Gypsy Mar­riage Fes­ti­val in Bul­garia

The Kurdish Globe - - NEWS -

The ways in which people marry dif­fers from one coun­try to an­other ac­cord­ing to their tra­di­tions and the na­ture of its people, for each coun­try has its own ways of cel­e­brat­ing the cer­e­mony and its own spe­cial clothes which the people have in­her­ited from their an­ces­tors.

The people of Kur­dis­tan dif­fer from Iraqis in the way they cel­e­brate wed­dings. In Kur­dis­tan, most wed­ding par­ties oc­cur in April, and spe­cially dur­ing Newroz be­cause of the beauty of na­ture at this time of the year.

In the past, a fe­male match­maker would bring cou­ples to­gether groom by tak­ing a pic­ture of a young man and show­ing it to the bride-to-be. If the girl liked the man, then the match­maker would tell the fam­ily of the man and re­ceive a fee for her ser­vices; the two fam­i­lies would then get to­gether to dis­cuss the dowry. If they agreed on the dowry, the wed­ding would go ahead.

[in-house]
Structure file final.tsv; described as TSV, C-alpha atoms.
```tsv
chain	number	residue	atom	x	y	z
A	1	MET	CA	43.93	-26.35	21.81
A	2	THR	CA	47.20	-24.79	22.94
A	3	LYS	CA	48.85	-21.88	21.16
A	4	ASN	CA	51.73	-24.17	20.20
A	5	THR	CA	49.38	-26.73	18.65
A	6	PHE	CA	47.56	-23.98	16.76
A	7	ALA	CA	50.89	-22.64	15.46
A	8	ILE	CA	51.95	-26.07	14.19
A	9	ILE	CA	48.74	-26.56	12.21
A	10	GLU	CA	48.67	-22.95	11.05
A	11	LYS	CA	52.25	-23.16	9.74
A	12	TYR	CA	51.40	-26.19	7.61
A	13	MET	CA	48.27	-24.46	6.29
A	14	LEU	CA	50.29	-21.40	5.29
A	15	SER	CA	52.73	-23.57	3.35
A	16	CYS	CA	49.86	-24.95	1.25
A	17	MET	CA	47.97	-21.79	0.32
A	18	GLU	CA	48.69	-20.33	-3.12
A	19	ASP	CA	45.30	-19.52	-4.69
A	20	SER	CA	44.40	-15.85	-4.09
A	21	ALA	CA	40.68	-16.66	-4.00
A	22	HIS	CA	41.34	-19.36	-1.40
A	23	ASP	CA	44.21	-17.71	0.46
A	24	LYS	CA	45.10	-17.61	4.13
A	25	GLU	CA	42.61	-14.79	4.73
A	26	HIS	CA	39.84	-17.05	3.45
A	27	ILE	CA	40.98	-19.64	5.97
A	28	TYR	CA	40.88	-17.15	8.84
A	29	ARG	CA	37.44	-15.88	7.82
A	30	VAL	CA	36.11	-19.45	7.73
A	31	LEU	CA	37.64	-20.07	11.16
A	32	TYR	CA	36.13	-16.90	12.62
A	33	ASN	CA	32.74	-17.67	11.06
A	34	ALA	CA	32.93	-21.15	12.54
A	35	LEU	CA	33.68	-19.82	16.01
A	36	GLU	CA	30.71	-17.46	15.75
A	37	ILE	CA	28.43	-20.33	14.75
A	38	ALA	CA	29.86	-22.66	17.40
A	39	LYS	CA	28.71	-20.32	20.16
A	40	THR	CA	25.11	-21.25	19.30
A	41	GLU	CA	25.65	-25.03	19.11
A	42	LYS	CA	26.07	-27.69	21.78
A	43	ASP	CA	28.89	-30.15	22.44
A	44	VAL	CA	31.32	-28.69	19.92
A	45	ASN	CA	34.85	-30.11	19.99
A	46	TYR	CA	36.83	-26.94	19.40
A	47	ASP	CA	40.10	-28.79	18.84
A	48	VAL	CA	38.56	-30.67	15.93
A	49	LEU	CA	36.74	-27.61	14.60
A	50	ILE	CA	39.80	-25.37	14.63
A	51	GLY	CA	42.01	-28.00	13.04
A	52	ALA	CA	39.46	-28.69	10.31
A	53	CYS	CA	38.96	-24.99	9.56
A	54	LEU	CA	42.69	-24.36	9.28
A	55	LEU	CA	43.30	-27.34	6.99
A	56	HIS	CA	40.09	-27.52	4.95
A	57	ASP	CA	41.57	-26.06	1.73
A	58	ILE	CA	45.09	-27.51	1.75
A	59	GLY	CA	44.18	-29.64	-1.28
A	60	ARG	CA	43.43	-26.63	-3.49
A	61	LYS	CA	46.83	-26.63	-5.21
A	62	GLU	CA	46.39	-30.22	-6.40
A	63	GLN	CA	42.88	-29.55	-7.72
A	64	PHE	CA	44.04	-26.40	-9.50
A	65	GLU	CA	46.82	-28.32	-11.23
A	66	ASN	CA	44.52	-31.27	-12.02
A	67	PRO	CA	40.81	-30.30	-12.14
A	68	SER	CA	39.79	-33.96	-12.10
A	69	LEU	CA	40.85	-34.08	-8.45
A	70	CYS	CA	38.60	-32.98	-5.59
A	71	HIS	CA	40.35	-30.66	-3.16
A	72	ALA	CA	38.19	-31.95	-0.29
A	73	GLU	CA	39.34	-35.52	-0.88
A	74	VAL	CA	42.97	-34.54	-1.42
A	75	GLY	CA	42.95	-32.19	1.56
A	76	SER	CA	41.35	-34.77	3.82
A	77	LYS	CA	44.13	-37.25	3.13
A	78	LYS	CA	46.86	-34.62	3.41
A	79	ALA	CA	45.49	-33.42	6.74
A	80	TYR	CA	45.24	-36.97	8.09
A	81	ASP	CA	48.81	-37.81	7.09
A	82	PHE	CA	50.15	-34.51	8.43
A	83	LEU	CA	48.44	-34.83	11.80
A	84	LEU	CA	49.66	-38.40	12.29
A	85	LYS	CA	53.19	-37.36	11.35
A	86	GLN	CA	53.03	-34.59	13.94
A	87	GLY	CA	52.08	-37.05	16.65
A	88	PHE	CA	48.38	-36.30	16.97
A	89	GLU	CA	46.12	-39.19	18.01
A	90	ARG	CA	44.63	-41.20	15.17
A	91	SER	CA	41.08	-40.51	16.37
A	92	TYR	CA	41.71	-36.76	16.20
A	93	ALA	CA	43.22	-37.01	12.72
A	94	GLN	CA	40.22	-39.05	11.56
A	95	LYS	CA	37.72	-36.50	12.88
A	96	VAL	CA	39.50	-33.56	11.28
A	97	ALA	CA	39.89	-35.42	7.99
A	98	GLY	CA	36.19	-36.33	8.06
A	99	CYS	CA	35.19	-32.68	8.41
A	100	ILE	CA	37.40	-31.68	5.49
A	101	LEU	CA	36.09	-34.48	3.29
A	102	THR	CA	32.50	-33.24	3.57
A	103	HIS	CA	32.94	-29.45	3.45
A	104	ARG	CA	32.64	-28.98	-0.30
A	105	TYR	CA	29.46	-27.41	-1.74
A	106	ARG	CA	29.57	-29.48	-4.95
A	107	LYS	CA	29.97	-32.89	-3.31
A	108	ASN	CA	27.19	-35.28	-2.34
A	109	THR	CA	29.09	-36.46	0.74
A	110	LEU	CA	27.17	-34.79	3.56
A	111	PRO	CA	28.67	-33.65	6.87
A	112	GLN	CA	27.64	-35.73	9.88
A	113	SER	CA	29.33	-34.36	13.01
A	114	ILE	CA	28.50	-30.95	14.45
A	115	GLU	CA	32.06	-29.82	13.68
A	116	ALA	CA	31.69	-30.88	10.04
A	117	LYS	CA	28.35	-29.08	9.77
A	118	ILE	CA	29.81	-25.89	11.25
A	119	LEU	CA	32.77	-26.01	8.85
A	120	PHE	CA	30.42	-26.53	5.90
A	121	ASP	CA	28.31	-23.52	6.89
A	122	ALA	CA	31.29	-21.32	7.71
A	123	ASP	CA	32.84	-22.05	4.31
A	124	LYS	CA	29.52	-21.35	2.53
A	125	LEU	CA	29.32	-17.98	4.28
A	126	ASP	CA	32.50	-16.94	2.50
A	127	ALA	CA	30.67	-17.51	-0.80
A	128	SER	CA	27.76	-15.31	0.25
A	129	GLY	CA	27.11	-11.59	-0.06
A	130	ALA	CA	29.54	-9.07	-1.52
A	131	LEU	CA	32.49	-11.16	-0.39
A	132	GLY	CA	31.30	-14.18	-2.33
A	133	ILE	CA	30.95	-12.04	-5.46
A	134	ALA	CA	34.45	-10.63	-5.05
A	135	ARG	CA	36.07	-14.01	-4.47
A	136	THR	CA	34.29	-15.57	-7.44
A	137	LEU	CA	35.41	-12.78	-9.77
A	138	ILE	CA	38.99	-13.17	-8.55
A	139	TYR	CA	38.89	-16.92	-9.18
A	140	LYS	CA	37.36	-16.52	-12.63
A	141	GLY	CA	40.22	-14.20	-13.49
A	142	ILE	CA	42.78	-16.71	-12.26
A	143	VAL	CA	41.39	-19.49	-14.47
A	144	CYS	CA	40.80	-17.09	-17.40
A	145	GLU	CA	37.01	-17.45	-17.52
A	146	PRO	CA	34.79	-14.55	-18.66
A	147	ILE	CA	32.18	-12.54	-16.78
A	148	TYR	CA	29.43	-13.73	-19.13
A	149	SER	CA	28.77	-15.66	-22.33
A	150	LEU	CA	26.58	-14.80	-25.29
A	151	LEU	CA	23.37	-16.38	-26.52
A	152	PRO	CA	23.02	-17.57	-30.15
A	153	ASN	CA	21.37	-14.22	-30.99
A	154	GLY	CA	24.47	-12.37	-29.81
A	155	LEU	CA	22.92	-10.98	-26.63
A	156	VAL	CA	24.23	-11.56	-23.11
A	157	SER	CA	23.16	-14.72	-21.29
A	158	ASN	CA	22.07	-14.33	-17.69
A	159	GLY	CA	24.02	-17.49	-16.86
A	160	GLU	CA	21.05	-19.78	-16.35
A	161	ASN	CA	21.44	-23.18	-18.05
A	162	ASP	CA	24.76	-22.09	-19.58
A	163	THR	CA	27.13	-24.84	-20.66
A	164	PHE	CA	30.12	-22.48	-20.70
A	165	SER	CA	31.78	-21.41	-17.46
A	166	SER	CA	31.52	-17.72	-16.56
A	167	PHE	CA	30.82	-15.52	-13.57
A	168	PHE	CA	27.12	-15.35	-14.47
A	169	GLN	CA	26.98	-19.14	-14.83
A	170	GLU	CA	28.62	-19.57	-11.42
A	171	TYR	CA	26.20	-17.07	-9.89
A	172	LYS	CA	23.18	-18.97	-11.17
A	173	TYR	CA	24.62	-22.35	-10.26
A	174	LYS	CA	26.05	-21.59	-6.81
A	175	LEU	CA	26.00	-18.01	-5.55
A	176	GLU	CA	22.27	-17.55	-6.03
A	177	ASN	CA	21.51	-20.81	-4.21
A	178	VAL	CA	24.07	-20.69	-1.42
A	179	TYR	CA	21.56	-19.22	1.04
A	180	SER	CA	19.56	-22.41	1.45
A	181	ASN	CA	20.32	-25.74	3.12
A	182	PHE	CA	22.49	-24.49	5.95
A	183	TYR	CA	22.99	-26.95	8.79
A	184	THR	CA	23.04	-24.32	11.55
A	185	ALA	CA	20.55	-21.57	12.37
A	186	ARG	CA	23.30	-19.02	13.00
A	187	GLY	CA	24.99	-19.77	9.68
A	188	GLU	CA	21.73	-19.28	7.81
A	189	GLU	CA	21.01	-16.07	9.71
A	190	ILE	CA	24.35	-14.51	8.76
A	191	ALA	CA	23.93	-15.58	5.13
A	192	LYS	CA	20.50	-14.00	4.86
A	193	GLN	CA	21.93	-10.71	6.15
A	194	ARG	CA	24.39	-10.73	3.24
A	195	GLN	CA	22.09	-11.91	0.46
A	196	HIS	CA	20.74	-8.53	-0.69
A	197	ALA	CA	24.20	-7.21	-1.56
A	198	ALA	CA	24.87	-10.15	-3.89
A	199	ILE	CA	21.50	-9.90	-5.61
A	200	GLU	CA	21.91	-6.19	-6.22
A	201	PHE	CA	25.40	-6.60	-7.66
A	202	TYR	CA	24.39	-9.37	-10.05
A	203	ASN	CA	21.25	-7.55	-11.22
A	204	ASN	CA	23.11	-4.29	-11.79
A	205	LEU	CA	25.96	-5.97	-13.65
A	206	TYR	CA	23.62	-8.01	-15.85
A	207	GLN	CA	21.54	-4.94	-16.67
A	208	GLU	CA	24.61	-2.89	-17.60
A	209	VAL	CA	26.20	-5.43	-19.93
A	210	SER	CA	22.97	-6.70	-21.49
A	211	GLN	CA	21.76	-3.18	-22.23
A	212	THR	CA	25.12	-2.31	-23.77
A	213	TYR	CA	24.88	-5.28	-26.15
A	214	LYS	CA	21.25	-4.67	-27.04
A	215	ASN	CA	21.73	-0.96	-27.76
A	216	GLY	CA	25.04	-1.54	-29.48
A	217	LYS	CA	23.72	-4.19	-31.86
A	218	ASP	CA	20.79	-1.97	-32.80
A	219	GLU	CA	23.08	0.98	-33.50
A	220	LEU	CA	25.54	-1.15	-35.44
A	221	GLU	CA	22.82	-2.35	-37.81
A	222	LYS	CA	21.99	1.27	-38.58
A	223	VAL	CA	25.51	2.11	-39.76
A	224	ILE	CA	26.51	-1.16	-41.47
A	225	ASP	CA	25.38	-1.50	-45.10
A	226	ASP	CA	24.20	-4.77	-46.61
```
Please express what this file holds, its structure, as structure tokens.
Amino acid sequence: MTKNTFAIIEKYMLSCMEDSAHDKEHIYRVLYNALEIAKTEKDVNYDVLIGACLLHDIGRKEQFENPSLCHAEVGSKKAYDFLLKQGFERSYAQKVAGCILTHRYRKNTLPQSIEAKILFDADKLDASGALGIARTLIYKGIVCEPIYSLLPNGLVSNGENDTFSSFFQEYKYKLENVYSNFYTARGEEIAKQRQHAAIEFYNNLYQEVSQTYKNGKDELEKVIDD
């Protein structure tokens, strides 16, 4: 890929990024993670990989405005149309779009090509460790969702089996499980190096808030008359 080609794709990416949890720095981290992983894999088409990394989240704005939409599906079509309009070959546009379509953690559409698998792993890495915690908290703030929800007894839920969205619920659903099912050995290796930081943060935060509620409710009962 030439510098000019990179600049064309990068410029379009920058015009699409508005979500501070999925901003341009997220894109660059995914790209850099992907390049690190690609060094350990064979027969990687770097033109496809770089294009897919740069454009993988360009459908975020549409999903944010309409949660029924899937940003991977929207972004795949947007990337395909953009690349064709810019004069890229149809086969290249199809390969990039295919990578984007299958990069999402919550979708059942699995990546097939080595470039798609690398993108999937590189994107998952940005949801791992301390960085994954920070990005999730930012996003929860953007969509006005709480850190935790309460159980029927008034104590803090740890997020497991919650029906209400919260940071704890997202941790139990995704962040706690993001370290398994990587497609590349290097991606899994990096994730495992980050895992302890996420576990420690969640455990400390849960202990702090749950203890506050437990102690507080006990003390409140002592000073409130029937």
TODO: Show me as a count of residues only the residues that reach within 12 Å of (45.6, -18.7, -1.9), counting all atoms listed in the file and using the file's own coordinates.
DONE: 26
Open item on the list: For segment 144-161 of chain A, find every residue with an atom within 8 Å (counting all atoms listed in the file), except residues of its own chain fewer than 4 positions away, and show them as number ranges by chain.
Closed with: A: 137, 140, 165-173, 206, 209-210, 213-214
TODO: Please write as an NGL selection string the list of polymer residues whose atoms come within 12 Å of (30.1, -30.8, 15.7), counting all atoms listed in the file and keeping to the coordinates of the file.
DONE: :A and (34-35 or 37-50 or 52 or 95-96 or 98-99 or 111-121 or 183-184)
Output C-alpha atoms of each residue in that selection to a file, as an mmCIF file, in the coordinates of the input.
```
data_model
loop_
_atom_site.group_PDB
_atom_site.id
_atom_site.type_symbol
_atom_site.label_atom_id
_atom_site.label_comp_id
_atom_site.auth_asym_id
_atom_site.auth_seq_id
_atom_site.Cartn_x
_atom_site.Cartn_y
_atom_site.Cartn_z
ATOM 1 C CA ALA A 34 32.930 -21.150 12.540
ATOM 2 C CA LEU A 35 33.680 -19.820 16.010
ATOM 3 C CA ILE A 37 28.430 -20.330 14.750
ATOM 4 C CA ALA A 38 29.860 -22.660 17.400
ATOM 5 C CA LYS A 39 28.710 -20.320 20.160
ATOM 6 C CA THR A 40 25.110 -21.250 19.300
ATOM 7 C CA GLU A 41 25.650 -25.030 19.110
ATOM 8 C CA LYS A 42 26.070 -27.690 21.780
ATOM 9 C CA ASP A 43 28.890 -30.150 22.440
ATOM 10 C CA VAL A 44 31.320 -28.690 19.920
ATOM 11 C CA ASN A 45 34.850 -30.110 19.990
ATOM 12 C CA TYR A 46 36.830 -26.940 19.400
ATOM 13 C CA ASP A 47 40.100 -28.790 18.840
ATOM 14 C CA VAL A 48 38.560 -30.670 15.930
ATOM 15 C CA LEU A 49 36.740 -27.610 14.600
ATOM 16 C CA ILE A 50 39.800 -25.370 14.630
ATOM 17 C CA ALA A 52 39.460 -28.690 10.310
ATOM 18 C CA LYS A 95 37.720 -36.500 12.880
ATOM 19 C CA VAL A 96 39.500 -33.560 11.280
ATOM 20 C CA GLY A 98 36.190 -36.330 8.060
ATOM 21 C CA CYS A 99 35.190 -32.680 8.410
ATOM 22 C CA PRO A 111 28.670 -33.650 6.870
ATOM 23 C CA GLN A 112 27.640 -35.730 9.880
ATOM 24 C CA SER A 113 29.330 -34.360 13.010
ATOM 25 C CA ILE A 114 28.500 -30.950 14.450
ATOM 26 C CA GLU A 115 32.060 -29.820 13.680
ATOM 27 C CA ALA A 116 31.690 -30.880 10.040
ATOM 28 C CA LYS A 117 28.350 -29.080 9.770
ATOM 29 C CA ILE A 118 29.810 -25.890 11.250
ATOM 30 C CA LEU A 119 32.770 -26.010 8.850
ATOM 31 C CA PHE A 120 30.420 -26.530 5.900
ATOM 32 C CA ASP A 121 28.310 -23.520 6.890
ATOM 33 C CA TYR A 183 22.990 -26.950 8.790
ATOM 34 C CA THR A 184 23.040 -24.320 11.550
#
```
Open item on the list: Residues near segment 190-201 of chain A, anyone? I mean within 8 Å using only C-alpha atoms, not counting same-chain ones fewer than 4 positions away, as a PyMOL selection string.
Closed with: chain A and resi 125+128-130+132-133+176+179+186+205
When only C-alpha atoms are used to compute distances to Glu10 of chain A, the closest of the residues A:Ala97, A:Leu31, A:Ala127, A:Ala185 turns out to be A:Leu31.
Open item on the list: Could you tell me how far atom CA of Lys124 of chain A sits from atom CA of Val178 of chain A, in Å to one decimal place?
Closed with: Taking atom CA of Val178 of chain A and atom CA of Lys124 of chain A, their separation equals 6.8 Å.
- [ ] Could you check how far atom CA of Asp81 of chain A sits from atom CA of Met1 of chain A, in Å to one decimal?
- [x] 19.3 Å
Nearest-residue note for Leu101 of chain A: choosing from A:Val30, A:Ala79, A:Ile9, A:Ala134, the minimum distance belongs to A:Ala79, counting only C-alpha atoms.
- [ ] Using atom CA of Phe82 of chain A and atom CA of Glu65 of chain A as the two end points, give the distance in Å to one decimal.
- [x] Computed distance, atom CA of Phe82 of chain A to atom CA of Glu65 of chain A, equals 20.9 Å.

Many coun­tries cel­e­brate the mar­riage cer­e­mony in strange and dif­fer­ent ways. In Bul­garia, for in­stance, there is the Veg­etable Fes­ti­val Mar­riage to which gypsy fam­i­lies bring their daugh­ters in or­der to show sell to bride­grooms.

The girls at these fes­ti­vals put on a lot of make-up and wear fash­ion­able new clothes in or­der to fetch a high price. The fes­ti­val is held at the veg­etable fair in the vil­lage of Mo­gela near Stara Zagora.

At the auc­tion, girls can go for in ex­cess of 10,000 USD, with their beauty and age play­ing a great role in the process. Ev­ery fam­ily brings their sons and daugh­ters of mar­riage­able age— if they can agree on a dowry, the mar­riage will go ahead. If the mar­riage is agreed on, the bride and groom have to dance at the fes­ti­val.

The World Hu­man Rights Or­ga­ni­za­tion has tried to erad­i­cate this prac­tice, be­cause it re­sem­bles a sale of hu­man be­ings.

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